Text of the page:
This is a story rich in local flavor, where characters use local slang and dress up in singlet and slippers amidst the humid tropical Southeast Asian environment. And behind every closed door, is a unique set of problems that in spite of family and spousal support, isolates each individual from others.
“If I said to him, I am still the same person, he would have kept silent; to him, it would sound like the most transparent of lies. There would be nothing left for us to do but stop calling, stop pretending to talk on the phone. I was left with the most tenuous of ties with my family through him and even that would be lost, perhaps for good, if I opened my mouth and spoke.”
The overall content well-explored the melancholic thought of being alone, lost physically, mentally or spiritually in a big city, but the execution is less than desirable.
Curries taste vastly different depending on where you are having them and in Southeast Asia, we like it spicy and flavorful. In my family, we are used to handling it real hot and this might potentially sound crazy but eating spicy food does help to cool you down amidst the heat and intense humidity.
And Singaporeans love our curries so much that we have it…
- with various meats, fish, beef, chicken, or simply some vegetables
- during breakfast as a dip, as a soup base with noodles for lunch or as a main dish with rice for dinner.
- on all occasions – during weddings, parties and even at funerals (I kid you not)
You get it. Curry is THAT deeply ingrained into our national food psyche.
In case if you have not heard, Haruki Murakami is out with his new book ‘Colorless Tsukuru Tazaki and His Years of Pilgrimage.’ This is Murakami’s first long novel in the past three years since last releasing his widely acclaimed book ’1Q84,’ which I absolutely adore as have reviewed in previous entries.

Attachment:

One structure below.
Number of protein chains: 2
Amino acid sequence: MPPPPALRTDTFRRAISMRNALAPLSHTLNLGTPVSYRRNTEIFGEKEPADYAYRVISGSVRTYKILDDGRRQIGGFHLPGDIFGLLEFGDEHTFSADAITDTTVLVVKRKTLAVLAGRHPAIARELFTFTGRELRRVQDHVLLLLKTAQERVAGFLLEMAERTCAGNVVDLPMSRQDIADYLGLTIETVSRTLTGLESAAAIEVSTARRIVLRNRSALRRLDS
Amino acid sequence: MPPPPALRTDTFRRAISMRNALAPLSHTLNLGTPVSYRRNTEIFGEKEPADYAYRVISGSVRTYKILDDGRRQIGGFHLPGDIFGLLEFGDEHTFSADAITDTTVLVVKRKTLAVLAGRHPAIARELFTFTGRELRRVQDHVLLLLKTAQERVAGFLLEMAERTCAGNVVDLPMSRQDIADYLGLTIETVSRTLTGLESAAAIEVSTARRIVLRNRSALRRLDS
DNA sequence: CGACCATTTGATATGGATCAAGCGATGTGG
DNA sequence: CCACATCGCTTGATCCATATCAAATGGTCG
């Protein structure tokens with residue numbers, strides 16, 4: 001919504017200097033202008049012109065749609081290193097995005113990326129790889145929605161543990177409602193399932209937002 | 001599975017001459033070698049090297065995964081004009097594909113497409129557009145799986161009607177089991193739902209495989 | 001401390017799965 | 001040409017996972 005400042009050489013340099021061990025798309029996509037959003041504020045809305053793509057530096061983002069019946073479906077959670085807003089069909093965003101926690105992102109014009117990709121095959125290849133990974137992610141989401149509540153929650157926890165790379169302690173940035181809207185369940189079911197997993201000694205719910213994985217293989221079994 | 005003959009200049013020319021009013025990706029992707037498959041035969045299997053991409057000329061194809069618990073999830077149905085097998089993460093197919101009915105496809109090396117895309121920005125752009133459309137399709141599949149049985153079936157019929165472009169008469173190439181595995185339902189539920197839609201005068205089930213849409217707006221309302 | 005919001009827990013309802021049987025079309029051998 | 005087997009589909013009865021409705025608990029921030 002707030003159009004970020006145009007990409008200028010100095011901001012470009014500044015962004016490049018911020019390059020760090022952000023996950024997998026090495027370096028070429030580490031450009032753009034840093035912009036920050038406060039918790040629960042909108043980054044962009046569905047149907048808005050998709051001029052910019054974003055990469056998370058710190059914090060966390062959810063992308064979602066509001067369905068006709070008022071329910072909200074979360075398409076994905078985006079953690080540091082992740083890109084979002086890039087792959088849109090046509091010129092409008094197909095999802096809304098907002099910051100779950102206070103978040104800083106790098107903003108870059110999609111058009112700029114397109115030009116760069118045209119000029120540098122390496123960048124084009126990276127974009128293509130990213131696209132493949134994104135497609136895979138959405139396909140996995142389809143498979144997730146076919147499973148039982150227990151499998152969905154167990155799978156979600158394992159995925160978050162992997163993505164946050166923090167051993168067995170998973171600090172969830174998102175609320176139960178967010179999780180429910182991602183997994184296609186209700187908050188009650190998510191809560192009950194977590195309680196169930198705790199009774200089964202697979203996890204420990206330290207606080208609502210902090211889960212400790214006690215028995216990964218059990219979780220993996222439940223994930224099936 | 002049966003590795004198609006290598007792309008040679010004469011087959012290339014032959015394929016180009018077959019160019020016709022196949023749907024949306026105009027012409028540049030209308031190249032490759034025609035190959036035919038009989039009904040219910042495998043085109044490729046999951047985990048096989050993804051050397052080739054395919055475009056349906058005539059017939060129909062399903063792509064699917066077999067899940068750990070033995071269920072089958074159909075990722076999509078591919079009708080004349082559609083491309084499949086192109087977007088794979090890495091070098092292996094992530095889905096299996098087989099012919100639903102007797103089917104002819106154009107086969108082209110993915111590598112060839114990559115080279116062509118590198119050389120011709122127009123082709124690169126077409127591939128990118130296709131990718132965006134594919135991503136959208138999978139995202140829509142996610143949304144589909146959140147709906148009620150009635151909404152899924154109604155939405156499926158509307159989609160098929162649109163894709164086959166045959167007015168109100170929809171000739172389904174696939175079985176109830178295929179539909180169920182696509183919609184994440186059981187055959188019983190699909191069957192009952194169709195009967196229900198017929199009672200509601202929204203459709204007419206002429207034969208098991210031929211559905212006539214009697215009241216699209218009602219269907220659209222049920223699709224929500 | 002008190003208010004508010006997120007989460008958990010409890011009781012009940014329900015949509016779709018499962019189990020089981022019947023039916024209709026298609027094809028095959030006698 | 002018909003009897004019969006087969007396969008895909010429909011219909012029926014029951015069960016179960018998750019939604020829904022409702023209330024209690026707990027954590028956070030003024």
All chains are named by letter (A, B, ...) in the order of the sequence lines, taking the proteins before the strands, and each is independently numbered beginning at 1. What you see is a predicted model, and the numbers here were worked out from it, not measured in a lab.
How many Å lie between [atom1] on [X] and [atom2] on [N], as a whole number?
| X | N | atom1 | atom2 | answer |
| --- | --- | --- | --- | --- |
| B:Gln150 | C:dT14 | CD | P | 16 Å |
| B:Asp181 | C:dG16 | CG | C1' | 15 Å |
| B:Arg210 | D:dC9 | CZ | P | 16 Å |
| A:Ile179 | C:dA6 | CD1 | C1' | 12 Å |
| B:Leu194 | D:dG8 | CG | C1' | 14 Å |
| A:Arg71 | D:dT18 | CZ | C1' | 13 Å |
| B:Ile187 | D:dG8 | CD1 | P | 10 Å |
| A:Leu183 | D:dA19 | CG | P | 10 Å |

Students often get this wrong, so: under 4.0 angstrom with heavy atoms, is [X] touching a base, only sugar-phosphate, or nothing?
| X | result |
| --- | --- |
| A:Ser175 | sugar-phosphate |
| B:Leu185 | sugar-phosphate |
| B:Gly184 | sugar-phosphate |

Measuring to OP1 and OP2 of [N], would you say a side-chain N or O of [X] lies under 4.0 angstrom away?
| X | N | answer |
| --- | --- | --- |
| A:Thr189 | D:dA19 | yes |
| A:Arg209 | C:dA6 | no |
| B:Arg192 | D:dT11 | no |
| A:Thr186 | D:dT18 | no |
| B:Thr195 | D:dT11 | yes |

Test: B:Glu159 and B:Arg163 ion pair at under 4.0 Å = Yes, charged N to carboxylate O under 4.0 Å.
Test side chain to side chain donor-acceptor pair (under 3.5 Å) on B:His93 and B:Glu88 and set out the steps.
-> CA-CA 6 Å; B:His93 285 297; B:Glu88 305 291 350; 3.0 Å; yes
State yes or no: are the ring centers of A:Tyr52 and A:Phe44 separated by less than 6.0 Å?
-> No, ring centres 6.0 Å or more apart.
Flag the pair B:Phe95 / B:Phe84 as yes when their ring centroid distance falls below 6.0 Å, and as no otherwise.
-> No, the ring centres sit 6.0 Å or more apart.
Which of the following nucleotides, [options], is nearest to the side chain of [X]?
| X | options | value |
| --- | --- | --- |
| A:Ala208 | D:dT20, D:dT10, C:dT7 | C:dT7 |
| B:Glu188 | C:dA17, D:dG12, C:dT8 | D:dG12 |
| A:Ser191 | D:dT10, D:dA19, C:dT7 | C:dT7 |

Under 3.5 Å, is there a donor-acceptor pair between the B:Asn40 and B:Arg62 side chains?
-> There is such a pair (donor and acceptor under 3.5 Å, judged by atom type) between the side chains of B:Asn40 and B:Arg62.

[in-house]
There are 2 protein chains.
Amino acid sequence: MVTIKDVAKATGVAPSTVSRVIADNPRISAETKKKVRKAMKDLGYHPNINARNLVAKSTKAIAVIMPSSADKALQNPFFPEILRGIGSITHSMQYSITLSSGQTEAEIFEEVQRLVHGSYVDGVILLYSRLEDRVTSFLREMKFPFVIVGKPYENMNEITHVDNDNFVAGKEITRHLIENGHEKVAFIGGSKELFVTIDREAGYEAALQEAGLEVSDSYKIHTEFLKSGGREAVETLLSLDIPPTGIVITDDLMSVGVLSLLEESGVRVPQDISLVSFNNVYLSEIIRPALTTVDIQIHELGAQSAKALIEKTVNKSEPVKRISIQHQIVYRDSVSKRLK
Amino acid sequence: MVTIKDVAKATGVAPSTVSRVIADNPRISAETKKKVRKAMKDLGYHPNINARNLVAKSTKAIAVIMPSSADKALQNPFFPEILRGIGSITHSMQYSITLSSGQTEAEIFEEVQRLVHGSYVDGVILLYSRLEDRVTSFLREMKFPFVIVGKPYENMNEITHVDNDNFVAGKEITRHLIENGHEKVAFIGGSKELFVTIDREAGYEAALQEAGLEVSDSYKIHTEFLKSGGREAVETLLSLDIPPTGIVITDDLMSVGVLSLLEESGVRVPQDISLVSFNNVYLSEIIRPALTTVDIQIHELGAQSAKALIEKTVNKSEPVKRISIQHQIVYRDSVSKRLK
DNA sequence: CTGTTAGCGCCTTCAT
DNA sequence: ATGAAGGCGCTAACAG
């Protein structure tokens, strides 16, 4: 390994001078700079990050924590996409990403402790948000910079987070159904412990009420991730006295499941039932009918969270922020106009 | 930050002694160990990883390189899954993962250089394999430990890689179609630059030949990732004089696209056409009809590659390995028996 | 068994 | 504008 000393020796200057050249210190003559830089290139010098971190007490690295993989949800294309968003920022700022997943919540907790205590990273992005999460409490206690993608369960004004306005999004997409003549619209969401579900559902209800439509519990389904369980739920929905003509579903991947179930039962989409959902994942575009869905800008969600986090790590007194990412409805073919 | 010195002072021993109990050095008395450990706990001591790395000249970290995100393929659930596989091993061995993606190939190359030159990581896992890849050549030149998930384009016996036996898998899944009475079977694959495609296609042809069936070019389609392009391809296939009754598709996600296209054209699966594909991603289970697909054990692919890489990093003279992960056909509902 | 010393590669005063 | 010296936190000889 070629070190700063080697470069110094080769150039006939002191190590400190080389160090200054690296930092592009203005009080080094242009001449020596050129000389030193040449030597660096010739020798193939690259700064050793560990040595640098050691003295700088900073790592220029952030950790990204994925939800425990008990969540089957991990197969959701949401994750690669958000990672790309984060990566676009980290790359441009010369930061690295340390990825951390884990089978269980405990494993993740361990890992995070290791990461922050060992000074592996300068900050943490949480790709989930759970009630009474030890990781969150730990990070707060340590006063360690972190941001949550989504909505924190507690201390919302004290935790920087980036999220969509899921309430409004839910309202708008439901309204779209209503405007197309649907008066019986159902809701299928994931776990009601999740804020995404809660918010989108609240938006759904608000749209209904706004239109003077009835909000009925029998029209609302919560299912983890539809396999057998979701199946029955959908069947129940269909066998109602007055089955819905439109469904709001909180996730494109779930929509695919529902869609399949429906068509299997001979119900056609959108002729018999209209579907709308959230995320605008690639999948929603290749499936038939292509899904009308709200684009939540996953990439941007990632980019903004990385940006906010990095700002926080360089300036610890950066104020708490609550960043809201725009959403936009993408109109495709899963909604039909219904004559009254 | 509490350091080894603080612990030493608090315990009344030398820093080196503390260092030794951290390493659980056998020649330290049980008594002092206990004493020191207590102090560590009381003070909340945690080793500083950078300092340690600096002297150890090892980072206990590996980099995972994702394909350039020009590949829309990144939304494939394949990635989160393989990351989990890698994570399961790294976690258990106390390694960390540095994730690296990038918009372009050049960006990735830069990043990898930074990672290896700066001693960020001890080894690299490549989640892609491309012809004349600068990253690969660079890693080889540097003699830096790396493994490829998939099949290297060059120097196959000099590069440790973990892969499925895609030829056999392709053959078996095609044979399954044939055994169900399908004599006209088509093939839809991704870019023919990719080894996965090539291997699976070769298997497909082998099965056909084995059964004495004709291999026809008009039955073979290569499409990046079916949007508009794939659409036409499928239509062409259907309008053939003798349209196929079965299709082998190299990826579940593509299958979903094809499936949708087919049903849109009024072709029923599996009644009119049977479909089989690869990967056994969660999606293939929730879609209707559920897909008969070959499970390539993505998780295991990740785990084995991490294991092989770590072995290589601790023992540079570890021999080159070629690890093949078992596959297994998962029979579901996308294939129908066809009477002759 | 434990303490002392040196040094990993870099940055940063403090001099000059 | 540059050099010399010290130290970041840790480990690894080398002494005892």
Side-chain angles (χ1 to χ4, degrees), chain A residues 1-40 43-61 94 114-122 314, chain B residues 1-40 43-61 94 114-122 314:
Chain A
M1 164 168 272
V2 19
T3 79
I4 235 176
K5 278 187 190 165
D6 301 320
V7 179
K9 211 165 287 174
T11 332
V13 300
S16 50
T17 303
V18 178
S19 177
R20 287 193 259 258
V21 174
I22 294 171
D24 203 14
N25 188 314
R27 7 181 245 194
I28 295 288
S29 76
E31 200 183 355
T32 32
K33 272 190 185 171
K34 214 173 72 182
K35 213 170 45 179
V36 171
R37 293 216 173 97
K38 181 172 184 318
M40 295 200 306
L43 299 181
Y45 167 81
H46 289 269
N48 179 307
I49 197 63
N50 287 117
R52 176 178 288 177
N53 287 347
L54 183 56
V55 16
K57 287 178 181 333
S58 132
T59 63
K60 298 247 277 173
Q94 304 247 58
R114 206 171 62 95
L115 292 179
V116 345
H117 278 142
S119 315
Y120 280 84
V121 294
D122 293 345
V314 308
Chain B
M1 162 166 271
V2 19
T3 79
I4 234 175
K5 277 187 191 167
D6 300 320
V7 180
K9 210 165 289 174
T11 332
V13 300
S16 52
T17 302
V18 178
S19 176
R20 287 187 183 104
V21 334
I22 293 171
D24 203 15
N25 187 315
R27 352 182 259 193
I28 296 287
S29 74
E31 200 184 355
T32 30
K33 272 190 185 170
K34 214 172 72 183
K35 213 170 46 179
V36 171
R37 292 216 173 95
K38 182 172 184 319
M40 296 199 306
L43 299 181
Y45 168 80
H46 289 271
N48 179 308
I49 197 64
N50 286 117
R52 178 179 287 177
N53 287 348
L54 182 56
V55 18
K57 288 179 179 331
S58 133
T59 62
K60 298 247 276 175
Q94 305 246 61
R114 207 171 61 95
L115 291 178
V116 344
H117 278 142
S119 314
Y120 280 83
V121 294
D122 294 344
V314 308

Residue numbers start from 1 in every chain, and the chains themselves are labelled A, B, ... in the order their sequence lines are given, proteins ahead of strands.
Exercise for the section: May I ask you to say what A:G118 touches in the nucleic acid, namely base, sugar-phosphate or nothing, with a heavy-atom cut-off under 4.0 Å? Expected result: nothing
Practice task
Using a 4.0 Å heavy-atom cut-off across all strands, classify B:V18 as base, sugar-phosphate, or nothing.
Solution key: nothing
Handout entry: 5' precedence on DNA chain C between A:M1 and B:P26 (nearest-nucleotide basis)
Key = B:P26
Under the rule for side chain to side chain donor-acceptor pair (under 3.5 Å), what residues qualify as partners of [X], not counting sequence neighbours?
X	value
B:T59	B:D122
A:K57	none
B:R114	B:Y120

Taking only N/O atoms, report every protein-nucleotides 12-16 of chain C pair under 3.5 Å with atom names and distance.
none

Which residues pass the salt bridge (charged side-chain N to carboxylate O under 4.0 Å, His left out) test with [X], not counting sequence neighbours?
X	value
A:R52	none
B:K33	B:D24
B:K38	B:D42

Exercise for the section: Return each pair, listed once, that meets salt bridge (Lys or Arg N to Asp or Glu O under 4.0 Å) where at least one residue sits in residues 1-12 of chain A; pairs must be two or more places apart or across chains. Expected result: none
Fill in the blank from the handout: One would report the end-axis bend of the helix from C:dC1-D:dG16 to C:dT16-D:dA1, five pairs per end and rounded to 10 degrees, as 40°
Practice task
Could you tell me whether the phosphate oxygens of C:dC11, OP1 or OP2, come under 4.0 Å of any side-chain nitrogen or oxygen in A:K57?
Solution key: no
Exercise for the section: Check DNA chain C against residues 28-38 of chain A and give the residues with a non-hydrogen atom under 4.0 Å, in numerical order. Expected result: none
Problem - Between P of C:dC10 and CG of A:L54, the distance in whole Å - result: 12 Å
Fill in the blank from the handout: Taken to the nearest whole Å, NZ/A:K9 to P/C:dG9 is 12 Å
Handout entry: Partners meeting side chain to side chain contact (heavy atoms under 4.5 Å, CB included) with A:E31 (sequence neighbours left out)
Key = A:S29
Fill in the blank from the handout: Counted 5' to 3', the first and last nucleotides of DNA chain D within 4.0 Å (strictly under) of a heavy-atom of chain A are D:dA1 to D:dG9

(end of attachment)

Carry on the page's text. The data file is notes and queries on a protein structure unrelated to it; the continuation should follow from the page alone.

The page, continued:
As a self-professed Murakami fan who went on my little ‘Murakami literary pilgrimage’ when I went to Tokyo (Click here for pictures), this is certainly one of the most exciting literary news I have heard in awhile.
And I know I am not in this alone. There was much hype surrounding the book prior to its release on April 12, with Asahi Shimbun reporting that a major Japanese publishing house has prepared 500 000 copies “in anticipation of high demand for Haruki Murakami’s latest novel, breaking the record of any first printing by the publisher.”
I remembered when I last read 1Q84, I was literally bringing it everywhere even when walking on the street or going to the toilet because the pseudo sci-fi romantic novel was brilliant at digging into deeper existential questions and questioning our self-consciousness. With the new 370-page book, the theme explored themes of loss and survival, casting the typical Murakami protagonist – a middle-aged loner and train geek Tsukuru Tazaki.
But alas, non-Japanese speaking fans like myself would have to contend with waiting for the English translation as there is still no word when it would be made available. But based on the last book’s experience, it might just be under a year before they will hit the shelves.
Let the (painful) wait begin.
(Click HERE for my 1Q84 review and HERE for my Murakami literary tour in Tokyo)